Having an organized and stylish place to keep your weed that you can leave out in plain sight is an option any adult deserves.
For many people, thrift shopping is overwhelming. The moment they walk in, there’s a deer-in-the-headlights moment: What do I do now?
The best advice I can give if you’re starting out in the secondhand life is telling you what not to buy when you’re at the thrift shop (cue annoying Macklemore song inevitably stuck in your head).
This goes without saying, but even stores that do an excellent job of cleaning everything should really not be selling undergarments secondhand (unless they are still in the package or with original tags).
Besides the obvious yuck-factor of underwear and lingerie, bras get stretched out so they no longer do their job well. The same thing goes for shapewear. You’re better off buying new, without exception.
The perfect white or black tee. A crisp button-up shirt. A long layering tank. While you might get lucky and find one of these pieces on a thrift adventure, it's probably be best to buy these things new. If it’s a piece you plan on wearing frequently and as the base for many outfits, you want something that isn’t already worn out.
Secondhand shirts are great, but save your money for the special ones: cute vintage plaid shirts, quirky tees or bold printed tunics that will add something a little special to your wardrobe.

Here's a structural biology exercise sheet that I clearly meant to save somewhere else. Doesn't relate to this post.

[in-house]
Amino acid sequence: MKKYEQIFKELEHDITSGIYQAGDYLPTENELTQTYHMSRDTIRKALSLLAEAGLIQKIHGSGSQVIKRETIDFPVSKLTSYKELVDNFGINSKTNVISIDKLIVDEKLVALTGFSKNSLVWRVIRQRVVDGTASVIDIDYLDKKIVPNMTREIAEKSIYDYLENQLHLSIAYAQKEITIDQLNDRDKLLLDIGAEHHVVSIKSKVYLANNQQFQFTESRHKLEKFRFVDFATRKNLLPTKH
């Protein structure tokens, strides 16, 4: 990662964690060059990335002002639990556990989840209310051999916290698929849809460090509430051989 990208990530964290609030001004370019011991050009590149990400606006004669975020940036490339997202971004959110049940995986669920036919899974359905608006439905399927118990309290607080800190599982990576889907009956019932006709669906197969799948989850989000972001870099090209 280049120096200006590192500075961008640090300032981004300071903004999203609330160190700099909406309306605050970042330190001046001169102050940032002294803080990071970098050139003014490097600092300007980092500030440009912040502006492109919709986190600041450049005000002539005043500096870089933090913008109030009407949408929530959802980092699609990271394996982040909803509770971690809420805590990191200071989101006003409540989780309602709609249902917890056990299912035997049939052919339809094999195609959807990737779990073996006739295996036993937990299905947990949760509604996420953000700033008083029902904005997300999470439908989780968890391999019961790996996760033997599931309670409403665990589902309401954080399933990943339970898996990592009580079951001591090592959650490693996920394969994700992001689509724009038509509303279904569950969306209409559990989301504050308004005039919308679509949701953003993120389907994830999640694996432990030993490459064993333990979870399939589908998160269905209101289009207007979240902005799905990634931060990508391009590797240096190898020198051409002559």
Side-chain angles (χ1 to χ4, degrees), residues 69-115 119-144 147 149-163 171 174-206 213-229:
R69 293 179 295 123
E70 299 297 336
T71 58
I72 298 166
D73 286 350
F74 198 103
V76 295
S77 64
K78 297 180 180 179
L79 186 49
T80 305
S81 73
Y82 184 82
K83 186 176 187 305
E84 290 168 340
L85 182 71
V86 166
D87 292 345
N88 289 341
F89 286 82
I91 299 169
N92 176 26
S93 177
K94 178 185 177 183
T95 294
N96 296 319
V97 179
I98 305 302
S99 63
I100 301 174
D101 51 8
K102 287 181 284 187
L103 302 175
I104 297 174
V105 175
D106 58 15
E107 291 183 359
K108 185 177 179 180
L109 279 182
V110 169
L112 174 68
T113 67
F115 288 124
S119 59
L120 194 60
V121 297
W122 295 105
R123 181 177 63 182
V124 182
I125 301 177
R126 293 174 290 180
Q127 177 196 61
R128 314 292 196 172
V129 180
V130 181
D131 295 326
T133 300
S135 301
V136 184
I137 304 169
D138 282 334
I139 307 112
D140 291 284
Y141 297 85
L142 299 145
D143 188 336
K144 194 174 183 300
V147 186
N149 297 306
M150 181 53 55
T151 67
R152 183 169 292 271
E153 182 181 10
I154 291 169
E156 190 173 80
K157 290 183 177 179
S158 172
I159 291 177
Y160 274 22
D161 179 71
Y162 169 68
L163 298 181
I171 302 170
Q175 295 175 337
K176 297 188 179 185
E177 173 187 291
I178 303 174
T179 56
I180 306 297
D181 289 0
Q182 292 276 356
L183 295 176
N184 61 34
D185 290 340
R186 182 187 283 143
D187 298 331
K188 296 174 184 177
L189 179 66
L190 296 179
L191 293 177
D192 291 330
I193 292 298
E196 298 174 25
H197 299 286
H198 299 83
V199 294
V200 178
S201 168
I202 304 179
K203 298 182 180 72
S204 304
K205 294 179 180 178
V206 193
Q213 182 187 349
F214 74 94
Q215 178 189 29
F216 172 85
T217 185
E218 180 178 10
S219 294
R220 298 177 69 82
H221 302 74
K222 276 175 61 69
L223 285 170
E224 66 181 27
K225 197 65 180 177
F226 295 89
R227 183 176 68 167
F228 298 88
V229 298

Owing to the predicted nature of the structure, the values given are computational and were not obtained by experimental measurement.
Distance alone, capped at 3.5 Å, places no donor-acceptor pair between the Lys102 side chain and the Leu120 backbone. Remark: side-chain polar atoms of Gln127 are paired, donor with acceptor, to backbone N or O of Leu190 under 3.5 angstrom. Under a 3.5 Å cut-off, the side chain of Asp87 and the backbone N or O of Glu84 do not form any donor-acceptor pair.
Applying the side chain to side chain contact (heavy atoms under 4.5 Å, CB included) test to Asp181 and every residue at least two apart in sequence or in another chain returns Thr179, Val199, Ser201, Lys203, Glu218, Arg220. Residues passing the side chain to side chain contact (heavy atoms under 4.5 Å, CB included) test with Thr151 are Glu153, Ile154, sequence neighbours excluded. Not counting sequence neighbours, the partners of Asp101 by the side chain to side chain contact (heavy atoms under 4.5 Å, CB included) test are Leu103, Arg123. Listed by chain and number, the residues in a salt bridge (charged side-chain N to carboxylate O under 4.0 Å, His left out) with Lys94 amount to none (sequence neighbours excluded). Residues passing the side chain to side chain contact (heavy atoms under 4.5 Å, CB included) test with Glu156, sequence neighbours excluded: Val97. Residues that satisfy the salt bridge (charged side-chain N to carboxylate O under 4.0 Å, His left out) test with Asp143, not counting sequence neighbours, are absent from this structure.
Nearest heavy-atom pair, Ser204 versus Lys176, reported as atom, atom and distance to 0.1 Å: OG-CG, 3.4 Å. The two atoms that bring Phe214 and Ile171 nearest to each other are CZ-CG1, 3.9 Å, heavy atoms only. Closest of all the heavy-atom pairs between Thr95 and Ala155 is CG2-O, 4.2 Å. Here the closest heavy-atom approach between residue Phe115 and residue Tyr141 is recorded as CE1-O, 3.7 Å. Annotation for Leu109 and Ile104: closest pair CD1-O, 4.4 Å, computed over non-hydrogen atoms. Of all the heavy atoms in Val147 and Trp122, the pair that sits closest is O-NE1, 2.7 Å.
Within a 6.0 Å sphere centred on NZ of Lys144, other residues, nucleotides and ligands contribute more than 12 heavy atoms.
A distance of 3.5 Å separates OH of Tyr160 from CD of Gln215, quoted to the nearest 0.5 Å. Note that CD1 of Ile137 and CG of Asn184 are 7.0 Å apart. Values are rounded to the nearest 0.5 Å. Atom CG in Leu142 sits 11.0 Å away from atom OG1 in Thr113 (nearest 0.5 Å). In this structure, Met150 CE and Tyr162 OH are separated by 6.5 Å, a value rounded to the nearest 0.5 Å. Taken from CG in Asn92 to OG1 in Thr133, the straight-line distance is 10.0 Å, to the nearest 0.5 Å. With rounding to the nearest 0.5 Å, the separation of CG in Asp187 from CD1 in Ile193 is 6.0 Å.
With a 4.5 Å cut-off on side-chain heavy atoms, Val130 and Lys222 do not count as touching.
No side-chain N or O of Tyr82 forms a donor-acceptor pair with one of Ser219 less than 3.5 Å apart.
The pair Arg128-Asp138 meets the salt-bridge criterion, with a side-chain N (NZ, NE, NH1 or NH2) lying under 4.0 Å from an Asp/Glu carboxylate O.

Any good runner knows that you need to replace your shoes every six months or so if you’ve been hitting the pavement with any regularity. The soles get worn out and pose an injury risk at a certain point.
You can find decent secondhand sneakers at a thrift store (I have three pairs of Converse, for example), but for actual exercise, don’t risk injury on a used pair of shoes -- unless they look brand new. (And some days, you might get lucky and find new stuff at the thrift: this is the thrill of the hunt!)
There’s a reason cotton is fondly advertised as the fabric of our lives. It’s soft, it’s breathable, it’s natural, it lasts. Before the age of synthetic materials (the dawn of polyester), women’s clothes were often made in silk and rayon. Forty or fifty years later, many of these pieces are still holding up (unlike the blouse you bought last year at a certain trendy mall store).
As for polyester, it holds up fairly well, but often it’s heavy and/or itchy. Buy polyester if it doesn’t make you feel like you have a rash, or if it’s an amazing vintage print you can’t pass up. Otherwise, leave it on the rack for someone less fortunate who has not had the pleasure of reading this article.
Sometimes flaws can add a little bit of charm to a piece of clothing, like perfectly distressed jeans or a faded T-shirt, but some flaws can render a piece unwearable. When you’re picking up clothes, be sure to look out for holes, broken zippers, missing buttons, undone seams, and stains.
And don’t forget to do the sniff-test. While you might be able to get out a little perfume that the last owner left, things like cigarette smoke or musty mildew can be tough to remove.
Have you ever “disobeyed” any of these rules but been happily surprised with the outcome? Share your other thrifting rules with me!